The year 1816 was referred to as the Year Without a Summer

The year 1816 was referred to as the Year Without a Summer

The year 1816 was referred to as the “Year Without a Summer” due to global cooling from a volcano eruption the year before. Snow fell in July and the Northeast U.S. was enveloped in an orange fog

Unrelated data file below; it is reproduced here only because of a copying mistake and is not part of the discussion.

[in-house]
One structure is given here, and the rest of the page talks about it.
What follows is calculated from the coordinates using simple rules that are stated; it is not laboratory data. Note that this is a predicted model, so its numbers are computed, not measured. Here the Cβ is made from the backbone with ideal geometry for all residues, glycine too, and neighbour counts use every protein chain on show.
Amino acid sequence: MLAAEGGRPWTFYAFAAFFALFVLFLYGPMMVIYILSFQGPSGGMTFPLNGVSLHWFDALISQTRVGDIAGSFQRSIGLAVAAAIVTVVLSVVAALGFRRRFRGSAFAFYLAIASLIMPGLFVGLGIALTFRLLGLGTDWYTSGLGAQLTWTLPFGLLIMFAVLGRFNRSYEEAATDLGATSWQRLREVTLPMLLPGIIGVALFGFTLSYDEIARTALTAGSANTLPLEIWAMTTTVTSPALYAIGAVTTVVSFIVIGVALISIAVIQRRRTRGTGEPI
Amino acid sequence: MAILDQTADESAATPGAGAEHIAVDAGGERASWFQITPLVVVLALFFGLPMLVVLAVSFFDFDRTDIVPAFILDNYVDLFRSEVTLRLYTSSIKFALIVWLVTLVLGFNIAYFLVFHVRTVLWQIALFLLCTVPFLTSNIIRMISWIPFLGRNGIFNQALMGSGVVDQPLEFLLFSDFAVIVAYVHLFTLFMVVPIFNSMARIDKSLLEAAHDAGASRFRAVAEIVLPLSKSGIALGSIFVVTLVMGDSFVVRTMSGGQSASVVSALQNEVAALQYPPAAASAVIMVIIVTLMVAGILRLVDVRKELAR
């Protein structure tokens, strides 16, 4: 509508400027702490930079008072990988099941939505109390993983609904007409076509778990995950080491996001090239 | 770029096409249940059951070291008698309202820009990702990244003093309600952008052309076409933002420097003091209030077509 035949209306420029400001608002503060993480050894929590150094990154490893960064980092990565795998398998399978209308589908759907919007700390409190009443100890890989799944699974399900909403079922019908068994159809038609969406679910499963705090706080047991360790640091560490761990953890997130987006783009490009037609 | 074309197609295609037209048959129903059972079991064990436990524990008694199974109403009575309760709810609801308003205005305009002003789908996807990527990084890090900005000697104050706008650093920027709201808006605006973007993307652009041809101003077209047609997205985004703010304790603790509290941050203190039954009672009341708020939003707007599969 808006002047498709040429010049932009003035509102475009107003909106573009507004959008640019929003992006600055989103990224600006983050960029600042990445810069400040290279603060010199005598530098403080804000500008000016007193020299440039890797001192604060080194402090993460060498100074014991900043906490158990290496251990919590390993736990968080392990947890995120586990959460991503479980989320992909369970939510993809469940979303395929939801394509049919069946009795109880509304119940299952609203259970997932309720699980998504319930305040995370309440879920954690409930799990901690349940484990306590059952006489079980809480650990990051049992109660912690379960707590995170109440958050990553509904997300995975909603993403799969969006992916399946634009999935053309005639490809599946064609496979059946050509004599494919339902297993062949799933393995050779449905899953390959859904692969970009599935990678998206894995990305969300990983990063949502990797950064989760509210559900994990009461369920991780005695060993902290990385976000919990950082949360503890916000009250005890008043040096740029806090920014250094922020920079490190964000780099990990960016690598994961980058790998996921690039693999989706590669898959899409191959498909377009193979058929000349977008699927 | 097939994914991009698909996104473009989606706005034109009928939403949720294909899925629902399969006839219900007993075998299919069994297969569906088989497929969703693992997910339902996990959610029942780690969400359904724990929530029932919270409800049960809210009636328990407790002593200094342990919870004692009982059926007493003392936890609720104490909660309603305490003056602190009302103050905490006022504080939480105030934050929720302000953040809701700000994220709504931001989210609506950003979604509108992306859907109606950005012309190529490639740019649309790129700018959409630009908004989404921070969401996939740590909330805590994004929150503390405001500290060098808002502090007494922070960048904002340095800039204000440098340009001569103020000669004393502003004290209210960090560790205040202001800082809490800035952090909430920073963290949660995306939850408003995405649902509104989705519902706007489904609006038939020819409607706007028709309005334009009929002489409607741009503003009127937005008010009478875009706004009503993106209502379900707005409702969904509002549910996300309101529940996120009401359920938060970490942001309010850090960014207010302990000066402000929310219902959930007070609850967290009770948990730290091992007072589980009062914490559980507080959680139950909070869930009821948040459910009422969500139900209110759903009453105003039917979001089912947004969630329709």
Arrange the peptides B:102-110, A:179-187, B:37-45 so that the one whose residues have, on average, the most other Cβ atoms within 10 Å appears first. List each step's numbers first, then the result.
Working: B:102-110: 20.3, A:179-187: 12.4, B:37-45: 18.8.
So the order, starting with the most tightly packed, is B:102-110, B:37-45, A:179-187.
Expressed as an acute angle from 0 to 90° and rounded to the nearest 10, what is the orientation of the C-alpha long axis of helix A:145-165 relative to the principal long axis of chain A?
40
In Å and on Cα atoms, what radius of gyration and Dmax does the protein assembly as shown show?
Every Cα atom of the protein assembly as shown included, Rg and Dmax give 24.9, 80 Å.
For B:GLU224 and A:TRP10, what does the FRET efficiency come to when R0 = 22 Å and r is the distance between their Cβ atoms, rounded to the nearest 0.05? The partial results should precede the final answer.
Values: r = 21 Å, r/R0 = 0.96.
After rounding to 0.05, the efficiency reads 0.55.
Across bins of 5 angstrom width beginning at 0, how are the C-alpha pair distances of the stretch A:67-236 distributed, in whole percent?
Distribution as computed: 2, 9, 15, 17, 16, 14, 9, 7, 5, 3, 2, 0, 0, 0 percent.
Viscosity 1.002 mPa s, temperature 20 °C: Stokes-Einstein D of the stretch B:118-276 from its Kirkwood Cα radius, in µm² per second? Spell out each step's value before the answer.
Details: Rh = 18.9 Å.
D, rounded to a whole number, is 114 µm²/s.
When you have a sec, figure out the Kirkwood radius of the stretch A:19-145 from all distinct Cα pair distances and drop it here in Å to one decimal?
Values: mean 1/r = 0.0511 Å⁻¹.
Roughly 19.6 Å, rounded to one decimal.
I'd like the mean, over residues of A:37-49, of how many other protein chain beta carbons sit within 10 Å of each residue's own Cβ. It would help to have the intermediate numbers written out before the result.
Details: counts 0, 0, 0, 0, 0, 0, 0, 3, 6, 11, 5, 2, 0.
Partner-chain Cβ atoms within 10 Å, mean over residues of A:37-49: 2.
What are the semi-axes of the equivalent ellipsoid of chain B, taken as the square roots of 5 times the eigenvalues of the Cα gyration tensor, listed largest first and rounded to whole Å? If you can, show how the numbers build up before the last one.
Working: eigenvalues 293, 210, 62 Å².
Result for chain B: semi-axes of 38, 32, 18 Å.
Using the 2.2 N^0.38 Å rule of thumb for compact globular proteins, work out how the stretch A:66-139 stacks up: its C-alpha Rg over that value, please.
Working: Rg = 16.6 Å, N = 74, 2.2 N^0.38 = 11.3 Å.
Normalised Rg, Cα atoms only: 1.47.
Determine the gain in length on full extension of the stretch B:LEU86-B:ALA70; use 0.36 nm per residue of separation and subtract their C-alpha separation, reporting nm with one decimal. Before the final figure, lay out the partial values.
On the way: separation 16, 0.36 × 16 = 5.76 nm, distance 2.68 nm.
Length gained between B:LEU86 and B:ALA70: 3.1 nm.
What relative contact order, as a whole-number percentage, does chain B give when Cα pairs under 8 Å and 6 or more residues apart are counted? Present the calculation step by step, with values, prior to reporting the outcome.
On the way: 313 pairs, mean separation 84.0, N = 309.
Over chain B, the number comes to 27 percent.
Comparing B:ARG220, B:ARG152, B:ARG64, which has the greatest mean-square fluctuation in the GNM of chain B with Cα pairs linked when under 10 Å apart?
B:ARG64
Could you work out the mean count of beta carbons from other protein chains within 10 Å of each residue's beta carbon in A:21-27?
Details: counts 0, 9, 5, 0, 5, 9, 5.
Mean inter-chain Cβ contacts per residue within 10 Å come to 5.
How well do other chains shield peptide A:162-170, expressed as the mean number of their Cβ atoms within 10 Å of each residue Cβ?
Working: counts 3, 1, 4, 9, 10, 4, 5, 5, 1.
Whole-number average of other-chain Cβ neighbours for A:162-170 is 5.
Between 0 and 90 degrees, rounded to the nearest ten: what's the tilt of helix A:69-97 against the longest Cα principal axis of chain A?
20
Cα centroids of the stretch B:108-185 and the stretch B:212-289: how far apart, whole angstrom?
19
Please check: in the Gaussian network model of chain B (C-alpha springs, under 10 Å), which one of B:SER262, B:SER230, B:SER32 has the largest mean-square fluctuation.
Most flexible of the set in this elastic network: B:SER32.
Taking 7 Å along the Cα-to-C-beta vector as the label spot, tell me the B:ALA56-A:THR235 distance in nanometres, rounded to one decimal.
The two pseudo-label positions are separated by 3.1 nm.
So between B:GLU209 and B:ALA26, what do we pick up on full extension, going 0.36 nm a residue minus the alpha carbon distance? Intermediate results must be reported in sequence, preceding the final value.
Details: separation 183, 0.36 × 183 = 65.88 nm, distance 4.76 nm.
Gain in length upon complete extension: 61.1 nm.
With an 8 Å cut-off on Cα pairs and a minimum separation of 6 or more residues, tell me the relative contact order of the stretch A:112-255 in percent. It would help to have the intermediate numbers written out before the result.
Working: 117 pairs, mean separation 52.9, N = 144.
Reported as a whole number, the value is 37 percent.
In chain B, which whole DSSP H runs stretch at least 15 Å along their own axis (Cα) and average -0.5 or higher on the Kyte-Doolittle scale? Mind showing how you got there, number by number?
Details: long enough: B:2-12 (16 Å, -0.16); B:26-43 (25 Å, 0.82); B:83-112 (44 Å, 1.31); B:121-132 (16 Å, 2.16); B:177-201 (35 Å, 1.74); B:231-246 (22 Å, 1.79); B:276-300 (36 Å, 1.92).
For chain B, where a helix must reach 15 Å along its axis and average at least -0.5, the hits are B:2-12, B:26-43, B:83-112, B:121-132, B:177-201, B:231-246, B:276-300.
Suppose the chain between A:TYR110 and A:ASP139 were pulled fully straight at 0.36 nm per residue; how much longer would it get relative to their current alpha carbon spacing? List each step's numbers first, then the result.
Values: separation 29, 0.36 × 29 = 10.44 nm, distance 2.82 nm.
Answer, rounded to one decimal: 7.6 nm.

High levels of tephra in the atmosphere led to unusually spectacular sunsets during this period, a feature celebrated in the paintings of J. M. W. Turner. It has been theorised that it was this that gave rise to the yellow tinge that is predominant in his paintings such asChichester Canal circa 1828. Similar phenomena were observed after the 1883 eruption of Krakatoa and on the West Coast of the United States following the 1991 eruption of Mount Pinatubo in the Philippines.The lack of oats to feed horses may have inspired the German inventor Karl Drais to research new ways of horseless transportation, which led to the invention of the draisine or velocipede. This was the ancestor of the modern bicycle and a step toward mechanized personal transport.[23]The crop failures of the “Year without a Summer” may have helped shape the settling of the “American Heartland”, as many thousands of people (particularly farm families who were wiped out by the event) left New England for what is now western and central New York and the Midwest (then the Northwest Territory) in search of a more hospitable climate, richer soil, and better growing conditions.[24]Chichester Canal circa 1828 by J. M. W. TurnerAccording to historian L.D. Stillwell, Vermont alone experienced a drop of between 10,000 and 15,000 people, erasing seven previous years of population growth.[5] Among those who left Vermont were the family of Joseph Smith, who moved from Sharon, Vermont, to Palmyra, New York.[25] This move precipitated a series of events which culminated in the publication of the Book of Mormon and the founding of the Church of Jesus Christ of Latter-day Saints.[15]In July 1816 “incessant rainfall” during that “wet, ungenial summer” forced Mary Shelley, John William Polidori, and their friends to stay indoors for much of their Swiss holiday. They decided to have a contest to see who could write the scariest story, leading Shelley to write Frankenstein, or The Modern Prometheus and Lord Byron to write “A Fragment”, which Polidori later used as inspiration for The Vampyre[26] — a precursor to Dracula. In addition, Lord Byron was inspired to write a poem, Darkness, at the same time.Justus von Liebig, a chemist who had experienced the famine as a child in Darmstadt, later studied plant nutrition and introduced mineral fertilizers.

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